The Arctic is warming more rapidly than any other region on the planet. The northern Barents Region is a Norwegian Arctic hotspot that has changed 2-4 times faster than other parts of the Arctic during the last three decades. In order to track changes and mitigate against the negative effects climate change is having, scientific co-operation is essential. The physical changes from climate change are not only noticeable in the landscape of the Arctic, but also affect the wildlife that occupies the region.
The regime of the High North’s ecosystem is changing, with warmer waters from the south altering the balance in the sea. Sea ice is diminishing in extent and thickness, causing trouble for seals and polar bears, and allowing more heat from the sun to be absorbed by the ocean. As glaciers shrink, marine mammals and sea birds lose the upwelling of rich nutrients that occurs when glacier fronts drop chunks of ice into the water. These not only affect wildlife but could also threaten to eradicate villages and settlements.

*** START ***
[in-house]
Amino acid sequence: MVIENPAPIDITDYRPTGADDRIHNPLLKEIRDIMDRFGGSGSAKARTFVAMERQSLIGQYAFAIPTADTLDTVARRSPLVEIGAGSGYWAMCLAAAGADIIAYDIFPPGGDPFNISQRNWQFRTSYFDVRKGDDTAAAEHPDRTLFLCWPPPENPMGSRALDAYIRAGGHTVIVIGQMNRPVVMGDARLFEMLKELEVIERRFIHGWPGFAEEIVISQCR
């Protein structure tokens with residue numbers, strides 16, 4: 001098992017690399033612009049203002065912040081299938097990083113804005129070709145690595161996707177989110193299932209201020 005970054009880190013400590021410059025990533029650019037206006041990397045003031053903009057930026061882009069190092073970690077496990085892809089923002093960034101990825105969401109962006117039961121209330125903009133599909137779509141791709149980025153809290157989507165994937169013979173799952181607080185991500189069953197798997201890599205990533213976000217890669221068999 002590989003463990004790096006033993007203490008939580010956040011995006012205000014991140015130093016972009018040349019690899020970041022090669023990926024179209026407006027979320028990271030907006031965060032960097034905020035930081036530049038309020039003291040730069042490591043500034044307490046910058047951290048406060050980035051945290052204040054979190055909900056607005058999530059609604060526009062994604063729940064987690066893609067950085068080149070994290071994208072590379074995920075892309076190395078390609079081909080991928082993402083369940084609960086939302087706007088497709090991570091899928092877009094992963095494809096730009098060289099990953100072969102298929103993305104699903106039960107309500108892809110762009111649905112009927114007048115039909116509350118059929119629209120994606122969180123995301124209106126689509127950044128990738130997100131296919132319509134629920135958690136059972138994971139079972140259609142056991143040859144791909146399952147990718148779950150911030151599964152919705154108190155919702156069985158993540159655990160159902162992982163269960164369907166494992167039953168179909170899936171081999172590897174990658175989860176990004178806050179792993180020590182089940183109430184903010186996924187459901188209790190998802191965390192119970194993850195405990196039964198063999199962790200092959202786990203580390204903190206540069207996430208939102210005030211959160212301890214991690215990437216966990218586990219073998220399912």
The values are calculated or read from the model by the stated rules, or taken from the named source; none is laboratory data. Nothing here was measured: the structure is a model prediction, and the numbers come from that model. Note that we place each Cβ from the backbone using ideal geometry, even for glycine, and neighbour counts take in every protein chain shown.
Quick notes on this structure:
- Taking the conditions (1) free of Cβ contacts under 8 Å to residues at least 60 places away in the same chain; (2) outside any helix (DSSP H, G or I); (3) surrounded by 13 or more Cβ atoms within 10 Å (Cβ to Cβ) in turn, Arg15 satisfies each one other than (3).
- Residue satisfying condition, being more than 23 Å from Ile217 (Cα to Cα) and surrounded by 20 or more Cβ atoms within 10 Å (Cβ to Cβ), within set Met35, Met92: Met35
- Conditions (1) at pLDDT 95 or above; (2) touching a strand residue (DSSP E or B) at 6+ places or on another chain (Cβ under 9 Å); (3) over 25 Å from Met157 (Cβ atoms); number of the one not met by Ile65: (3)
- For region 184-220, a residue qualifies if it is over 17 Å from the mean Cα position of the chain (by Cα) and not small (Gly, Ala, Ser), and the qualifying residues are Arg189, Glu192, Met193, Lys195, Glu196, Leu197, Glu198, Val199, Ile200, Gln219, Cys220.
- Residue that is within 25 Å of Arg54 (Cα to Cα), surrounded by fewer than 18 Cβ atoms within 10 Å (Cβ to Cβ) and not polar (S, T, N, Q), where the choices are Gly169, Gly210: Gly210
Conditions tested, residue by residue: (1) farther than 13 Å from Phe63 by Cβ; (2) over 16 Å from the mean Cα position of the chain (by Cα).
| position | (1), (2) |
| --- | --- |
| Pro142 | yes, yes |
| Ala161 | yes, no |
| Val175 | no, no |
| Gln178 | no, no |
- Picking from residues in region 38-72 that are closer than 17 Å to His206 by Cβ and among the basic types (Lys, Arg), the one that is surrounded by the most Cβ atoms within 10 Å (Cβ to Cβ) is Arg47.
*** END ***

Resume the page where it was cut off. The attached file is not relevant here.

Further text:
The Norwegian Polar Institute (NPI) is a government agency which conducts scientific research and environmental monitoring in Arctic regions including the Norwegian Arctic, as well as Antarctica. Their research programmes are essential in order to help us understand environmental changes in the polar regions. Researchers spend most of their time in the field collecting data to help improve current climate models and provide a better understanding of future climate change.
The Institute also advises Norwegian authorities on matters concerning polar environmental management, and runs research stations in both the Arctic and Antarctic. The NPI outline how collaborations between nations with an interest in climate change and the Arctic is essential in order to give enhanced results with global benefits.
This ebook gives an overview of their work and how essential it is to continue to monitor environmental impacts in Arctic regions to help understand the constant changes coming about as a result of global warming.